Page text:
How do we balance the celebration, the hurt, and the work of Asian America?
By Frances Kai-Hwa Wang
I took one precious vacation day this week to finish my taxes and get my garden started, only to be met by a day of snow. In April. Snow in April (or even May) is so Michigan, it was hard to be angry, so I took a picture of the snow and joined everyone else in poking fun at #puremichigan.
This April feels even more full of spring and celebration than usual, as people begin to come out of COVID isolation and with Ramadan, Passover, and Easter coinciding. April also brings Songkran, the Thai/Cambodian/Laotian water-splashing New Year’s festival; Holi, the Hindu festival of colors; Burmese, Nepali, Tamil, Bengali, Sikh, and Hindu New Year’s Days; National Poetry Month; Earth Day; the Merrie Monarch hula festival; and local favorites in my town: Festifools and Hash Bash.
I recently attended the inaugural Michigan Ramadan Market, in which Muslim American artists, craftspeople, bakers, cooks, and entrepreneurs – mostly women – brought together beautiful Ramadan-themed art, calligraphy, clothes, home décor, children’s toys and books, and delicious food from za’atar croissants to Egyptian kunafa to Bengali beef haleem and naga wings. The organizer, Fatima Siddiqui, said that she saw a lot of Christmas craft fairs, but she had never seen a Ramadan craft fair, so she created one. And the community came out in support and celebration.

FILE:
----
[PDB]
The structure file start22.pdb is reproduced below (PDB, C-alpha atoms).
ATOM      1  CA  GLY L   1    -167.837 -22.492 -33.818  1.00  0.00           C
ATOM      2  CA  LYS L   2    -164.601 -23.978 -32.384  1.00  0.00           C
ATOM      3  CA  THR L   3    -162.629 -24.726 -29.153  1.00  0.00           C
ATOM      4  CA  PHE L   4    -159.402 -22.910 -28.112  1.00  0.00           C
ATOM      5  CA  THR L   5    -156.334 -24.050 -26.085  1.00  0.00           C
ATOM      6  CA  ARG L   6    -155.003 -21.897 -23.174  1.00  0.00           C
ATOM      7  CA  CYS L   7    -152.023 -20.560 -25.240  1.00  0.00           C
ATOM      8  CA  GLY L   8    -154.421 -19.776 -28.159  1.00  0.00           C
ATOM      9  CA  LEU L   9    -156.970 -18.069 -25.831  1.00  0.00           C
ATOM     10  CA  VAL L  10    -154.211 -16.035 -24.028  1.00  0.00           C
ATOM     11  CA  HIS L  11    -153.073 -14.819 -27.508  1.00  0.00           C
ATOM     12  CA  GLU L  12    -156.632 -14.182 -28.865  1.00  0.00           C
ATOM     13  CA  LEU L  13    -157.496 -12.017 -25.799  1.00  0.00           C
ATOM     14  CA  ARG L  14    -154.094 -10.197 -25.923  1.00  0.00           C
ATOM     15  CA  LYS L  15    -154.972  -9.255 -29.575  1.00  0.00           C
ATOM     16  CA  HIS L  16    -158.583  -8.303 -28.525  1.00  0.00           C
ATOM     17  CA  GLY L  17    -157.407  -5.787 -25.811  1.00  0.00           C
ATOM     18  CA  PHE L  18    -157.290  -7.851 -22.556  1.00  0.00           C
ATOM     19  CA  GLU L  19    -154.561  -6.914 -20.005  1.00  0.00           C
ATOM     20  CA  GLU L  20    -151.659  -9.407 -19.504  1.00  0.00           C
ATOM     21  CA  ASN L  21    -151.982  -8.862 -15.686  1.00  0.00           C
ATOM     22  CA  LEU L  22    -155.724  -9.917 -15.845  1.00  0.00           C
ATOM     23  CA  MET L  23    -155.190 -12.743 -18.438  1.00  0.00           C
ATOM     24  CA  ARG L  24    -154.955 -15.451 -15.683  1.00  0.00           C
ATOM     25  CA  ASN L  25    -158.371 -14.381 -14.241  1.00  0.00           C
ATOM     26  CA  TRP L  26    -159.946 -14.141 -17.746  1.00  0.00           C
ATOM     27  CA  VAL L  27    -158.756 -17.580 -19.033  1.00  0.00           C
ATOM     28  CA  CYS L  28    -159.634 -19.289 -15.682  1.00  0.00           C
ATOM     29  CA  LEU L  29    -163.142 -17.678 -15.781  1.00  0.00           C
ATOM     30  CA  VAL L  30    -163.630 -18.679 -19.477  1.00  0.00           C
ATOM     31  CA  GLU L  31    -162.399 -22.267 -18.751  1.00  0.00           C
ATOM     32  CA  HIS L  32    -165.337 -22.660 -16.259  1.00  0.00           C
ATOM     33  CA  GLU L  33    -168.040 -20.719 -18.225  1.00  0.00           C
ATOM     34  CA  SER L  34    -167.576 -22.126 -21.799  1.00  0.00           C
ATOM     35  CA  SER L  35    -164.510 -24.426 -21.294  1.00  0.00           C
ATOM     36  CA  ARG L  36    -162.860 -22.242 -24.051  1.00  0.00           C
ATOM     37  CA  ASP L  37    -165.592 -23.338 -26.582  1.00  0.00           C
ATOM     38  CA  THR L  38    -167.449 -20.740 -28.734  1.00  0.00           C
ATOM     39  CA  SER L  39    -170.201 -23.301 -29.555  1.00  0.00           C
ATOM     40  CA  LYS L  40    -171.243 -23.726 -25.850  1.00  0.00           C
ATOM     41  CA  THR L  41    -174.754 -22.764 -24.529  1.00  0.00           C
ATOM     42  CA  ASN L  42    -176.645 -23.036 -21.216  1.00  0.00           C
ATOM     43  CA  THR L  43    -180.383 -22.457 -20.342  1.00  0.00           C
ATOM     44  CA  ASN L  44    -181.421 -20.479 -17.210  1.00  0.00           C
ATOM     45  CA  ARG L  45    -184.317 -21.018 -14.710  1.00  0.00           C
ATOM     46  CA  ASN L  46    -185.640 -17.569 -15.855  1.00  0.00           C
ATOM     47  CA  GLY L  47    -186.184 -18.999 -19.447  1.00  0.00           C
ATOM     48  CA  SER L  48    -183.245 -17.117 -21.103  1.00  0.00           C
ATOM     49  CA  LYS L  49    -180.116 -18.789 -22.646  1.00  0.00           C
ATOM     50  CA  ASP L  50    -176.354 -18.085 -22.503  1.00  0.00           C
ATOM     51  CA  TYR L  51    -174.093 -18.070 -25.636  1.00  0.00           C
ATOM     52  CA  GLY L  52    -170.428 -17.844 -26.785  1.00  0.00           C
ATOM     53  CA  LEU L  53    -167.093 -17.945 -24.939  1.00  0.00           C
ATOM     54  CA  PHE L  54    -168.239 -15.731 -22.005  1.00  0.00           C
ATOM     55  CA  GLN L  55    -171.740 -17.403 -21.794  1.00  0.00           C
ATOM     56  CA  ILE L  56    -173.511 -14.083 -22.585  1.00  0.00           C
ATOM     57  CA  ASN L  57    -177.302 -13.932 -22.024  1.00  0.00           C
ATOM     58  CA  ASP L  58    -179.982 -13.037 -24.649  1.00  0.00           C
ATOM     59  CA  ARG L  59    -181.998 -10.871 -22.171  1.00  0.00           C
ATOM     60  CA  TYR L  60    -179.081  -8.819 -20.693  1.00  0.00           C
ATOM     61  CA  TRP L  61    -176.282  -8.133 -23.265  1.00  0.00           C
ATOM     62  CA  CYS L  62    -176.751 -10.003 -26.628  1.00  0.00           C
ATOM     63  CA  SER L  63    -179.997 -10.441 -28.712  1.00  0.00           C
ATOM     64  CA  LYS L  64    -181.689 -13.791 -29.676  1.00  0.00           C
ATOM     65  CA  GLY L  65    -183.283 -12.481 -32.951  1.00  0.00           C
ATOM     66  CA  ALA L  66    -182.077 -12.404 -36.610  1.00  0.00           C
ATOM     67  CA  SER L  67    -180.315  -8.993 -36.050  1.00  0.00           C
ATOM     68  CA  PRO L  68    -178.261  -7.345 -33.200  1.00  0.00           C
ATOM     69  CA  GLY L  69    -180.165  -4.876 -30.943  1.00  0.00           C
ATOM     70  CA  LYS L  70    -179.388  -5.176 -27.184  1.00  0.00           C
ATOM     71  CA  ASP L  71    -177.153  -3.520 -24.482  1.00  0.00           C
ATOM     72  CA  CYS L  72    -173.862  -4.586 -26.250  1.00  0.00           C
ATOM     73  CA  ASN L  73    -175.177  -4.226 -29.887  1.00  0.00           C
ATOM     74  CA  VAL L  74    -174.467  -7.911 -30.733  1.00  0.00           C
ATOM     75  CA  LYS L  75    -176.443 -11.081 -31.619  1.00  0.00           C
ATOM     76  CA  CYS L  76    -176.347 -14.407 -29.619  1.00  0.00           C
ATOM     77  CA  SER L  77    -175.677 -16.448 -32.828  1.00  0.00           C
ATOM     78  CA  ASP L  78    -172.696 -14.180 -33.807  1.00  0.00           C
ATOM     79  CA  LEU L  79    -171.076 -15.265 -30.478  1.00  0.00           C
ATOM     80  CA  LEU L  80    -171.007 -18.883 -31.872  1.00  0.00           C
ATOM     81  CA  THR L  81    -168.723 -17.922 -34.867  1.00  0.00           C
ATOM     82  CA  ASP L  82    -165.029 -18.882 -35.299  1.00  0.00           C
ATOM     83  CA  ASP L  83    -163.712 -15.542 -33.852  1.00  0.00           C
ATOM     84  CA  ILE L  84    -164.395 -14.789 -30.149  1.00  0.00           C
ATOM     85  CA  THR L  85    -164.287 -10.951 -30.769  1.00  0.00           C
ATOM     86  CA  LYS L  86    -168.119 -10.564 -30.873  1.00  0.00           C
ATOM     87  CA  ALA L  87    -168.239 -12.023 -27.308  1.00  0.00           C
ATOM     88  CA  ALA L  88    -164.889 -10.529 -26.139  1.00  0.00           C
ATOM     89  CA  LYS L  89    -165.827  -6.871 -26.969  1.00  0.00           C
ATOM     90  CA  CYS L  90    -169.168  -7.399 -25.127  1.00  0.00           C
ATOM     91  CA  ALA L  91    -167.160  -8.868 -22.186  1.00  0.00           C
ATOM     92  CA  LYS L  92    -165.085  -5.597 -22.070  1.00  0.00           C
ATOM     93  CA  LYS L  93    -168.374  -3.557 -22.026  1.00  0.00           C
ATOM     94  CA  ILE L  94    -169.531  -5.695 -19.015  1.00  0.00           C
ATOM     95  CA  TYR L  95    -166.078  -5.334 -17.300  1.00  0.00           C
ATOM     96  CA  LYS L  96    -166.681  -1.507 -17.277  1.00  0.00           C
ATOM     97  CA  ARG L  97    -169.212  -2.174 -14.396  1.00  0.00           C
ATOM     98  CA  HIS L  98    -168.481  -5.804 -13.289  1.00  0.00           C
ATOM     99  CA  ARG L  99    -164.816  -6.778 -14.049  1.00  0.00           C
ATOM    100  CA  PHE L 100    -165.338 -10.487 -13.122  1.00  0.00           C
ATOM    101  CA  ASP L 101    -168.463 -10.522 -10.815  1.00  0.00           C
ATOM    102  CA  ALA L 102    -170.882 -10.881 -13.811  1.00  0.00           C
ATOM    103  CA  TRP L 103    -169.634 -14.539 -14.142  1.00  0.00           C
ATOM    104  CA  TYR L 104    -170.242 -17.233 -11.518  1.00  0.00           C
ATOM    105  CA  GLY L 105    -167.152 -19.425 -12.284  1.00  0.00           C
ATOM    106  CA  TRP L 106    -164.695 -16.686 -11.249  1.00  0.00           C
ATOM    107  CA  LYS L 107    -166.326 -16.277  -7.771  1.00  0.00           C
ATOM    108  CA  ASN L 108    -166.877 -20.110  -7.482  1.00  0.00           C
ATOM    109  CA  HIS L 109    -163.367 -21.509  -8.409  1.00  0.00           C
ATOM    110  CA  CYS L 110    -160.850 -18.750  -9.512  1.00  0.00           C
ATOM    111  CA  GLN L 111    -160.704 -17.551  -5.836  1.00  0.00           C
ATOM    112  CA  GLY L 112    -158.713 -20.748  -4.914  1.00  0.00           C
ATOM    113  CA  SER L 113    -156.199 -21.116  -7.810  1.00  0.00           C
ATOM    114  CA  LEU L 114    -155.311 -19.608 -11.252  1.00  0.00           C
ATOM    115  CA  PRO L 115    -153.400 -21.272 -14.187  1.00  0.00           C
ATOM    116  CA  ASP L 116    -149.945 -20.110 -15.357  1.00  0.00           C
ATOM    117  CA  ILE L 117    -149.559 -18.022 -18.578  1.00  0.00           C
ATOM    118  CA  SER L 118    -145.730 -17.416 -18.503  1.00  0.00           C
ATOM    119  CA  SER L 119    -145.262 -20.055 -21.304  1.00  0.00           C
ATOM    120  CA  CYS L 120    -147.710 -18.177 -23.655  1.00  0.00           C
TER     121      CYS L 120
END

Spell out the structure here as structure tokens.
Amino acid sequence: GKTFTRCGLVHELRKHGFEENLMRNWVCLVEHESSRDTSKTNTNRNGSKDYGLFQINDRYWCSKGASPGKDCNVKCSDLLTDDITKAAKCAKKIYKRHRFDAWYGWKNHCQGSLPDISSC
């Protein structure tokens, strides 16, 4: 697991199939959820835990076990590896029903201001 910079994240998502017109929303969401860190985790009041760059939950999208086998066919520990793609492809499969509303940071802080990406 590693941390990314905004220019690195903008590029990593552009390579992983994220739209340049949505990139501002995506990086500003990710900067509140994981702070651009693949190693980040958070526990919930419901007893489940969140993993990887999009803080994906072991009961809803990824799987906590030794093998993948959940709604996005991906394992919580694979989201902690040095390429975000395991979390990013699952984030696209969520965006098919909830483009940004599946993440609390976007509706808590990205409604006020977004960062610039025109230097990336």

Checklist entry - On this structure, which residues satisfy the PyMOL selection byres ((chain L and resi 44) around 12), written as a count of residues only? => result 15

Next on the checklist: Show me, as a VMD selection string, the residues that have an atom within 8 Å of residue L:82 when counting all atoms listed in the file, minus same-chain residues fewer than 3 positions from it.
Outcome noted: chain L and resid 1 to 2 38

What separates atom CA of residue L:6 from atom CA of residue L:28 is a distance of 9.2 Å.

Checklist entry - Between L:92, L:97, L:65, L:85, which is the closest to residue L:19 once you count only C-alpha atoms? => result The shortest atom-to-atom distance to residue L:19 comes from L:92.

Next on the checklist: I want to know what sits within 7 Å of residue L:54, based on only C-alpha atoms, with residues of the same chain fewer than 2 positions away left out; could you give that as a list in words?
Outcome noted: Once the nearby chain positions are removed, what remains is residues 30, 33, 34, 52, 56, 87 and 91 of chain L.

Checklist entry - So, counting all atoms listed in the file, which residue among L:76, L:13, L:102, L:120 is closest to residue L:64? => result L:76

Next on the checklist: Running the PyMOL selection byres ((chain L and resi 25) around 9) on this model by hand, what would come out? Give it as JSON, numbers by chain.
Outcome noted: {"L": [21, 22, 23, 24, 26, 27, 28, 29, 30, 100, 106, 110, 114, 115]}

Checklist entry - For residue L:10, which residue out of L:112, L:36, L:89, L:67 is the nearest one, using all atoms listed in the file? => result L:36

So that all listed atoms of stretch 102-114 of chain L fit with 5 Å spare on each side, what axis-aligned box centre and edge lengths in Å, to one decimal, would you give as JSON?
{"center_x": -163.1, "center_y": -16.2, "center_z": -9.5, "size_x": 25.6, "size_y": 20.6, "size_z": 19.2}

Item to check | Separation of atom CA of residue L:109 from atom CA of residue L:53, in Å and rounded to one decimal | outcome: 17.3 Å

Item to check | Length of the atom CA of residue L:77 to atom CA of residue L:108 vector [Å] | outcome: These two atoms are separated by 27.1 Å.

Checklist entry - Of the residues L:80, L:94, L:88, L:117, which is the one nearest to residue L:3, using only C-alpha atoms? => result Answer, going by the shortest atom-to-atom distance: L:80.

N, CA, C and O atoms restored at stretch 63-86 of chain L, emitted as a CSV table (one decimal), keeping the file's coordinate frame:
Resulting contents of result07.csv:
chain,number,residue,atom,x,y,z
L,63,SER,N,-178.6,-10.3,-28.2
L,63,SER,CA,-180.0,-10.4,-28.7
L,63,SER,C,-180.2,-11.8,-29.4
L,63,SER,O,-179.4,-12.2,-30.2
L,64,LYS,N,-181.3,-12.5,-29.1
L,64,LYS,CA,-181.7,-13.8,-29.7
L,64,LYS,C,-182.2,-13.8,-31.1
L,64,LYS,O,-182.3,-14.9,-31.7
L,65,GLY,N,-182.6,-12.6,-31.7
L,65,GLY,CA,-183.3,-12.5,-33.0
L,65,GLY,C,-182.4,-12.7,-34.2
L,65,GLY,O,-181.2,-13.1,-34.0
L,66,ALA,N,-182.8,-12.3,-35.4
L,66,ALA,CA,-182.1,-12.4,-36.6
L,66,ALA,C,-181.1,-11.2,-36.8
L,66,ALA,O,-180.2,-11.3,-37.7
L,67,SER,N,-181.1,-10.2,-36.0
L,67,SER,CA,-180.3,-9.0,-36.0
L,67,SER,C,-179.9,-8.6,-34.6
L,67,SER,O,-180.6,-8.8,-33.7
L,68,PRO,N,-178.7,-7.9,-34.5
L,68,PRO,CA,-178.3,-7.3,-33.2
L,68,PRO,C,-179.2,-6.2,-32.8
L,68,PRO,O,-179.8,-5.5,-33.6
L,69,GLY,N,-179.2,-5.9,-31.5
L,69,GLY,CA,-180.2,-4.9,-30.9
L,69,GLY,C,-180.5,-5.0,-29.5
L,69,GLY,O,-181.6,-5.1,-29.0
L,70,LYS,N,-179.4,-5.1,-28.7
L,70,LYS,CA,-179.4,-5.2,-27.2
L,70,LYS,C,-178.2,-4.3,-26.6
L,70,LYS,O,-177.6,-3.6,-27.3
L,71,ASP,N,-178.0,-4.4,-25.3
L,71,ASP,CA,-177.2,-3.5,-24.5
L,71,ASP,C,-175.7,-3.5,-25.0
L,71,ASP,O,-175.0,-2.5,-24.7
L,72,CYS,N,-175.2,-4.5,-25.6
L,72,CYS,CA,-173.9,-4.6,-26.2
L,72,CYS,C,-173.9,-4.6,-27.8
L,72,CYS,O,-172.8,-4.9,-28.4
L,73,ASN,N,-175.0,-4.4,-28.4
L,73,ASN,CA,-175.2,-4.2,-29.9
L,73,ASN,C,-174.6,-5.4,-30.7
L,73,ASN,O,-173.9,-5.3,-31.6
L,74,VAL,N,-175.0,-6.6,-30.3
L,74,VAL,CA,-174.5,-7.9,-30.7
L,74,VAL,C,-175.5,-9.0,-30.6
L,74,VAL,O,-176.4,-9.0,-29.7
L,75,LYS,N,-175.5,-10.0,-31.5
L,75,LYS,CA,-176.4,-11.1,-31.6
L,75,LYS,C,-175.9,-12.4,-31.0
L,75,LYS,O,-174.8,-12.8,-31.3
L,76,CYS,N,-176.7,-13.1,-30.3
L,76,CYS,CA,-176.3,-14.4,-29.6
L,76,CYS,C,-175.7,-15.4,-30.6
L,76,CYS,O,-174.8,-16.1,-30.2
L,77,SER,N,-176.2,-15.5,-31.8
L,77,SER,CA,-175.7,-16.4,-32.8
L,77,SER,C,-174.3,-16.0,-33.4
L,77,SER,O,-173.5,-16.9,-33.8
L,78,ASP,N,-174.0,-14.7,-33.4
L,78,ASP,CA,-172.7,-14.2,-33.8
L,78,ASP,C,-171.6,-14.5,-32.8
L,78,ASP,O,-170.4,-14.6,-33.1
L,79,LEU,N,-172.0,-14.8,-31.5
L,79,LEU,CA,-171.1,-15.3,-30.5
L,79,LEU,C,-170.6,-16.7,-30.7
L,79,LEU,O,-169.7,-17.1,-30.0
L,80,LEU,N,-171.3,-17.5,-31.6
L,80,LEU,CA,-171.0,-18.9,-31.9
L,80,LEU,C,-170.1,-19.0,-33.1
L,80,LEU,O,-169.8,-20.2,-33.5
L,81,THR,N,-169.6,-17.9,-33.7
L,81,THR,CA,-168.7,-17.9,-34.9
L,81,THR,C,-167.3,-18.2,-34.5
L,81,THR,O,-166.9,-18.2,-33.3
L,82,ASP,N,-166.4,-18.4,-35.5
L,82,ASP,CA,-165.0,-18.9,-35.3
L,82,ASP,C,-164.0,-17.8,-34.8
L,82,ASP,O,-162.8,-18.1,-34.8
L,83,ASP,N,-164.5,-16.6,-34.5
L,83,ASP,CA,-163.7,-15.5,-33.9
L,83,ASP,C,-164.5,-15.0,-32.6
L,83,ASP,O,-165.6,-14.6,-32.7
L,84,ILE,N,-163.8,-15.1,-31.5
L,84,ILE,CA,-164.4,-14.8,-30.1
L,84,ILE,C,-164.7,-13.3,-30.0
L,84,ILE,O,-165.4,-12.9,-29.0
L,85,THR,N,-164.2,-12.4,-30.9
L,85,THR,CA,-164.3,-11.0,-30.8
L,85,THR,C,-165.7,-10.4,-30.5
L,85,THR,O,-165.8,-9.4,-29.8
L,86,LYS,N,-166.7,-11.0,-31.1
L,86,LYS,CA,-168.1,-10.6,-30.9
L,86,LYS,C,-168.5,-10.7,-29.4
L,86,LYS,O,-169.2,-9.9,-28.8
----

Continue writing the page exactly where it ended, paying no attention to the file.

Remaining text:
Last week we mourned the somber anniversary of the 2021 shootings at an Indianapolis FedEx facility, which killed eight people, four of them Sikh American: Amarjeet Kaur Johal, Karli Smith, Matthew R. Alexander, Samaria Blackwell, Jasvinder Kaur, Jaswinder Singh, Amarjit Sekhon, John Weisert.
The FBI has determined that these were not hate crimes, although the Sikh American community has urged investigators to recognize how bias played a role in the attack.
“The shooter chose a place known for hiring people of color, specifically a Punjabi Sikh-majority, for his attack,” Amrith Kaur, Sikh Coalition legal director, said in a statement. “We are not dismissing that mental health issues nor the toxic masculinity discussed during the press conference played a role in this attack. But it is important to recognize that bias can be a factor in addition to these other issues.”
In California, a suite of three No Place for Hate bills addressing anti-Asian American hate and harassment continue to move forward — SB1161, AB2549, AB2448. Together, they declare street harassment a public health problem, seek to collect data and design solutions to hate incidents on public transit, and empower businesses to take a stand against customer-on-customer harassment in their stores.
“Street harassment is a pervasive issue that causes harm not just to individuals but to our society as a whole,” said Cynthia Choi, co-Executive Director of CAA and co-founder of Stop AAPI Hate. “People who have experienced street harassment may limit their freedom of movement, which can then impact their economic opportunities and further ripples out on their families and communities. We all win when women and vulnerable community members feel safe and have freedom and respect in our shared spaces.”